Total RP IT-BPO export 7,225 19.0 100.0 442,164 18.9 100.0Sources: BPAP

    Revenues EmploymentLevel, Mn

    US$Segment LevelShare in total, %

    Share in total, %

    Growth vs year ago, %

    Growth vs year ago, %

    The Philippines has several clear advantages: a large workforce; a large pool of educated, English-speaking talent with a strong customer-service orientation and strong cultural affinity to North America; 450,000 college graduates annually; highly-reliable low-cost international telecommunications infrastructure; diverse and inexpensive suitable site locations; and strong government support. In addition, a survey by a leading industry expert showed call center operating

    43 In 2008, employment in back-office or non-voice BPO was at 72%, compared with call centers at 15%.

  • Joint Foreign Chambers Advocacy Paper ARANGKADA PHILIPPINES 2010: A BUSINESS PERSPECTIVE

    DECEMBER 201076

    costs in the Philippines in 2006 were roughly the same as in China and India and about 75% less than in the US.44

    These key drivers for success must be sustained and country competitiveness strengthened. There are, however, challenges and reforms needed to realize the countrys high potential for continued growth.

    Challenges and Issues

    Legal Framework There are four areas where the countrys legal framework requires attention and, in some cases, reform to help the IT-BPO sustain its global competitiveness. These are retention of current fiscal incentives schemes, the passage of three non-fiscal laws that the IT-BPO industry has identified as priority, labor legislation (current or proposed) that makes it more difficult for firms to compete in the global marketplace, and the practice of declaring non-working holidays.

    First, on the current laws providing fiscal incentives to firms registered with PEZA and the BOI, these laws are instrumental in many investors decisions to set up operations in the Philippines. Almost all new IT-BPO locators establish their operations within PEZA zones in order to avail of initial tax holidays and low taxes after the expiration of their initial holidays. However, for several years, the Department of Finance (DOF) has worked with allies in the Senate to end these fiscal incentives. If DOFs proposal to eliminate incentives becomes law, the growth of the industry could be substantially slowed.

    Government would, on the other hand, benefit substantially from further and faster growth of the IT-BPO industry in many ways including taxes from employees. The income of employees is usually taxed at normal income-tax rates, and the 100,000 new workers who will be hired in 2010, for example, will add billions of new government revenue from income, Value Added Tax (VAT), and excise taxes.45

    Second, the industry was disappointed that the 14th Philippine Congress failed to approve three new non-fiscal laws important to strengthening the legal framework of the industry: the Cyber Crime Prevention Act, the bill to create a Department of Information and Communications Technology (DICT), and the Data Privacy Act. The first two were approved by the House but had not completed the final stages of consideration in the Senate when the legislative session adjourned.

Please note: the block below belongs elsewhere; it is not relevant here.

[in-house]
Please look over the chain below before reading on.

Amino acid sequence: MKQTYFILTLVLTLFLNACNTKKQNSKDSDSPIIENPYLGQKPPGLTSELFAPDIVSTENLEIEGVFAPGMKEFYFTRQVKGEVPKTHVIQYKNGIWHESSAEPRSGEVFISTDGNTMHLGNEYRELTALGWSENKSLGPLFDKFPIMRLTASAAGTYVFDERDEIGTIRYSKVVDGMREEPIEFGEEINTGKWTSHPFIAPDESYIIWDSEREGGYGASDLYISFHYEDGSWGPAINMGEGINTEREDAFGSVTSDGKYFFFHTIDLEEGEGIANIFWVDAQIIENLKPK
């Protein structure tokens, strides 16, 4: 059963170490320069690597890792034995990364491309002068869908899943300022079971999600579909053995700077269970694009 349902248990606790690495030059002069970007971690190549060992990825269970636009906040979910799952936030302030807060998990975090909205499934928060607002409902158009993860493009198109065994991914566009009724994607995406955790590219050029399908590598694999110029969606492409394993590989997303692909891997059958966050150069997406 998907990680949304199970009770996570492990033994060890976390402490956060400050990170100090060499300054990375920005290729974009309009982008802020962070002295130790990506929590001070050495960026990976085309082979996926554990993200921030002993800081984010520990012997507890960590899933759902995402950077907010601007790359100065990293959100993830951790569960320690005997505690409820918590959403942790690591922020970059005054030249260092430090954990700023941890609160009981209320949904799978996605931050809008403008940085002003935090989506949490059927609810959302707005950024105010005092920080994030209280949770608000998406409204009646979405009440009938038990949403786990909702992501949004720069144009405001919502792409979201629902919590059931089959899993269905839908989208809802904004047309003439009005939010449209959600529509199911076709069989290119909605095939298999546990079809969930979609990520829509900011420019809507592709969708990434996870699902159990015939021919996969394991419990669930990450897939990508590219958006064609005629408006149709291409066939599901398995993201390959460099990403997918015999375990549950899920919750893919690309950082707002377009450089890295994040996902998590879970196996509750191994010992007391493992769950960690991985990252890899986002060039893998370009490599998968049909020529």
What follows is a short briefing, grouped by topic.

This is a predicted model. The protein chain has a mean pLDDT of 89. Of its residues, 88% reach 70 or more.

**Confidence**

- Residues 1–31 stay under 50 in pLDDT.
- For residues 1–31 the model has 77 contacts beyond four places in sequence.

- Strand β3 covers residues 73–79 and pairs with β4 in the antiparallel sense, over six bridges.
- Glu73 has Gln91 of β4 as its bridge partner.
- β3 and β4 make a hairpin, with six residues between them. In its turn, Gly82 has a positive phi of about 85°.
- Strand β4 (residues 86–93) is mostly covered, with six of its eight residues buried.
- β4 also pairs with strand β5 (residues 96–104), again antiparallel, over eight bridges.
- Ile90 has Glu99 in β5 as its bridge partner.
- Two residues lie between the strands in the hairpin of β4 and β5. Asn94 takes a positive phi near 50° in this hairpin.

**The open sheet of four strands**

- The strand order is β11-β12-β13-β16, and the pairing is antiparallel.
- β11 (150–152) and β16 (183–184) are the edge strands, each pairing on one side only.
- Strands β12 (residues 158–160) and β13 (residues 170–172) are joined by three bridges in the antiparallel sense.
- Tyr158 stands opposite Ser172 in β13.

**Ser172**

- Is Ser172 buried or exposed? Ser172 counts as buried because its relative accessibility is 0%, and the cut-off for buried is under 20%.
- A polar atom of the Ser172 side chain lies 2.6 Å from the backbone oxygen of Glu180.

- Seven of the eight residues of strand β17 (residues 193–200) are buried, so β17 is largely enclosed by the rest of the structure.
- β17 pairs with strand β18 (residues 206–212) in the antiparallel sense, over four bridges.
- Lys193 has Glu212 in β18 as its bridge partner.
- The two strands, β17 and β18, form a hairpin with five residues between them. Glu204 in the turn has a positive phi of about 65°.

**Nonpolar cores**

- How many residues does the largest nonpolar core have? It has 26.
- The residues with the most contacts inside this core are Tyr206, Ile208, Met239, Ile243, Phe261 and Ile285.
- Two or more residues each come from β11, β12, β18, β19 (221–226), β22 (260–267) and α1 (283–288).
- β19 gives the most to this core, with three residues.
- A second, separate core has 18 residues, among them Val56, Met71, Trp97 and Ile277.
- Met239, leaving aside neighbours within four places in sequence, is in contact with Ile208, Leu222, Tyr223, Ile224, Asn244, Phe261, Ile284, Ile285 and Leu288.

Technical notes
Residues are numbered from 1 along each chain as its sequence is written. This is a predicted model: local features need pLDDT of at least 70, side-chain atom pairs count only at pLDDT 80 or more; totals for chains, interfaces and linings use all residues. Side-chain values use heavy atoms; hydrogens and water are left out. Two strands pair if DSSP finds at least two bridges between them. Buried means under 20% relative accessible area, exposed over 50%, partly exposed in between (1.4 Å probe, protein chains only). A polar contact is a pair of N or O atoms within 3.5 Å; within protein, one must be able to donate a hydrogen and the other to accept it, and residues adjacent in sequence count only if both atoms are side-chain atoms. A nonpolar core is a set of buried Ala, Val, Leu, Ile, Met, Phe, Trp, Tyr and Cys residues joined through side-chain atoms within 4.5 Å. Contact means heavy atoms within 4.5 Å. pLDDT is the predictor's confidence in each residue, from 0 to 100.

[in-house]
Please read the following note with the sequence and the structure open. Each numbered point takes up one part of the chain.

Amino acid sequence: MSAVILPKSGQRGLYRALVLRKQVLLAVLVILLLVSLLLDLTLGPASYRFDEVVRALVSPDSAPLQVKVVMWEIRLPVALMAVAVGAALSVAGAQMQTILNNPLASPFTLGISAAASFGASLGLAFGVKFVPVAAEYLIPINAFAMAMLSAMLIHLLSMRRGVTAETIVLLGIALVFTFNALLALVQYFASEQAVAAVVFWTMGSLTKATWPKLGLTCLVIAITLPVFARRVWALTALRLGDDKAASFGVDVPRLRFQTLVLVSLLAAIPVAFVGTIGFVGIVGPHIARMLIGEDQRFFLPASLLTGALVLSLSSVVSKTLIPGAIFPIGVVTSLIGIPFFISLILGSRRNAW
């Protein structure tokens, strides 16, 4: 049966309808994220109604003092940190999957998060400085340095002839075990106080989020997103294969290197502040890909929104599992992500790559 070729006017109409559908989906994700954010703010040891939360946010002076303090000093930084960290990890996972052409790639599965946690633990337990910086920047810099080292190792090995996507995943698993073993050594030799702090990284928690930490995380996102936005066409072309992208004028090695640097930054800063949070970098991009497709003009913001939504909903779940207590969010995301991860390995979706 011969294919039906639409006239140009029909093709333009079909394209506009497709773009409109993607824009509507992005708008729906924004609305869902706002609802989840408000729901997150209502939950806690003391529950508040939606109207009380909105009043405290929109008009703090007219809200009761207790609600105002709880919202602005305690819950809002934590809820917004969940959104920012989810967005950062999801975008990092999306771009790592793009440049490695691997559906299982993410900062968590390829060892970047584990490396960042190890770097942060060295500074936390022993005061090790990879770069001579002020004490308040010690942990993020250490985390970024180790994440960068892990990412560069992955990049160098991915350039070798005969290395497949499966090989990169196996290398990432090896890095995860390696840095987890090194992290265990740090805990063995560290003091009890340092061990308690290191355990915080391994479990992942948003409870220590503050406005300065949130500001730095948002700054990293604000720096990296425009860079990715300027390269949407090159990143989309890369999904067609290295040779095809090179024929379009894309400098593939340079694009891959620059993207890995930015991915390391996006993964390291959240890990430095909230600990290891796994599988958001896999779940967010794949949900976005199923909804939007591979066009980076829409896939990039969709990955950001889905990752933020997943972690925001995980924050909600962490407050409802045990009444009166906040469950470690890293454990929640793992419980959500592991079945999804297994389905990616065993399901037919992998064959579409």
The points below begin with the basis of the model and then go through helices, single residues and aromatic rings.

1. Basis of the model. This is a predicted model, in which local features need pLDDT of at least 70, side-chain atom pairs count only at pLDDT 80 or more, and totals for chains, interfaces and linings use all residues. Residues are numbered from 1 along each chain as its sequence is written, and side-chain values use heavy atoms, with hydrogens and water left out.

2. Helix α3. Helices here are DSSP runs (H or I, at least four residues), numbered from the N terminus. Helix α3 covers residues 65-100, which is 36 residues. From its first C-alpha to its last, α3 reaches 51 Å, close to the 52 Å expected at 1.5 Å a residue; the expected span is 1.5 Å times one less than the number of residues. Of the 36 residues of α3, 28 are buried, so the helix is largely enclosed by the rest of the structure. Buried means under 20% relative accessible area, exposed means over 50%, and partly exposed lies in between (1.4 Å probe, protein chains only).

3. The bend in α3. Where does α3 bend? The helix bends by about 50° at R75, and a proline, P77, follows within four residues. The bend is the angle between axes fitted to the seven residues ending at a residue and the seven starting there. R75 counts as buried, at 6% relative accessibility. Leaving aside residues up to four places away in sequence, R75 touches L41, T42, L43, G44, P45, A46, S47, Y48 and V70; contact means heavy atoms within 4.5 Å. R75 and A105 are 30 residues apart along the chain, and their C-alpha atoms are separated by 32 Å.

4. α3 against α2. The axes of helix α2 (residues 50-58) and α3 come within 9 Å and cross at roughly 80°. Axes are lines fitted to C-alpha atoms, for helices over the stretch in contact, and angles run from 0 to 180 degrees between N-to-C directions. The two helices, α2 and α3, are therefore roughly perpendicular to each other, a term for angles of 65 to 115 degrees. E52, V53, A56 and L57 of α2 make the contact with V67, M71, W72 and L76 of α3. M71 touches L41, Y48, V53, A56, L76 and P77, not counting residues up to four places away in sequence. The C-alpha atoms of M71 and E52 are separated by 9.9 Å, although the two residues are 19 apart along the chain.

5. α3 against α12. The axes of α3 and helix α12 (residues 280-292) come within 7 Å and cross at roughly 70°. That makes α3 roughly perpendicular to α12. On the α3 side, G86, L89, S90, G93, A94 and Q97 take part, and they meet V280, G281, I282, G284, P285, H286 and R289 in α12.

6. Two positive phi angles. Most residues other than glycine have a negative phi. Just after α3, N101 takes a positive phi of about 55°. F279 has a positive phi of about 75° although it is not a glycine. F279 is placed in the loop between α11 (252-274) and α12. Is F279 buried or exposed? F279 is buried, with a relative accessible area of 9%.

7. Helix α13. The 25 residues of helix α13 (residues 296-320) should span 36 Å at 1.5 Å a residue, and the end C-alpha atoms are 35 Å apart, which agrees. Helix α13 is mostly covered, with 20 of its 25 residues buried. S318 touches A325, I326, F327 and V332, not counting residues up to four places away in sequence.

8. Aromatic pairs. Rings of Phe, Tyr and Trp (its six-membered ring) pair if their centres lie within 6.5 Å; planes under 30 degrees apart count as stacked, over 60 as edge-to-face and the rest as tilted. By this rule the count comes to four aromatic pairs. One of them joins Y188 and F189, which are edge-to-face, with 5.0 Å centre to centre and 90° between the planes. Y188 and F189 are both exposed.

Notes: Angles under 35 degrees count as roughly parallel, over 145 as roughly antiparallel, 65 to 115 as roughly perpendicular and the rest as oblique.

The Data Privacy Act did not pass the House, and a bill to remove the prohibition in the Labor Code against female employees working at night was introduced in the House but made little progress.

    44 Everest Research Institute, 200845 An entry level employee earning PhP 15,000 a month pays PhP 22,500 a year in income tax. One hundred thousand new employees will pay PhP 2.25 billion. When the industry reaches one million, an estimated PhP 23 billion will be paid in income taxes, every year. If one million BPO workers spend PhP 10,000 on goods subject to a 12% VAT the government will collect PhP 14.4 billion. After expiration of ITH, firms located in PEZA zones pay 5% corporate income tax on gross revenues. The faster the industry grows, the more revenue the government collects.

  • Joint Foreign Chambers Advocacy Paper ARANGKADA PHILIPPINES 2010: A BUSINESS PERSPECTIVE

    DECEMBER 2010 77

    These four bills will be filed again in the 15th Congress and repeat the legislative process. However, having reached advanced stages in the 14th Congress, passage of the Cyber Crime Prevention and DICT bills should be faster, as committee hearings can be completed quickly.

    A reason why these bills were not passed was insufficient understanding of the IT-BPO sector and the importance of these bills to the growth of the industry. Although the Commission on Information and Communications and Technology (CICT) and industry leaders actively sought their passage, the harmful effects of non-passa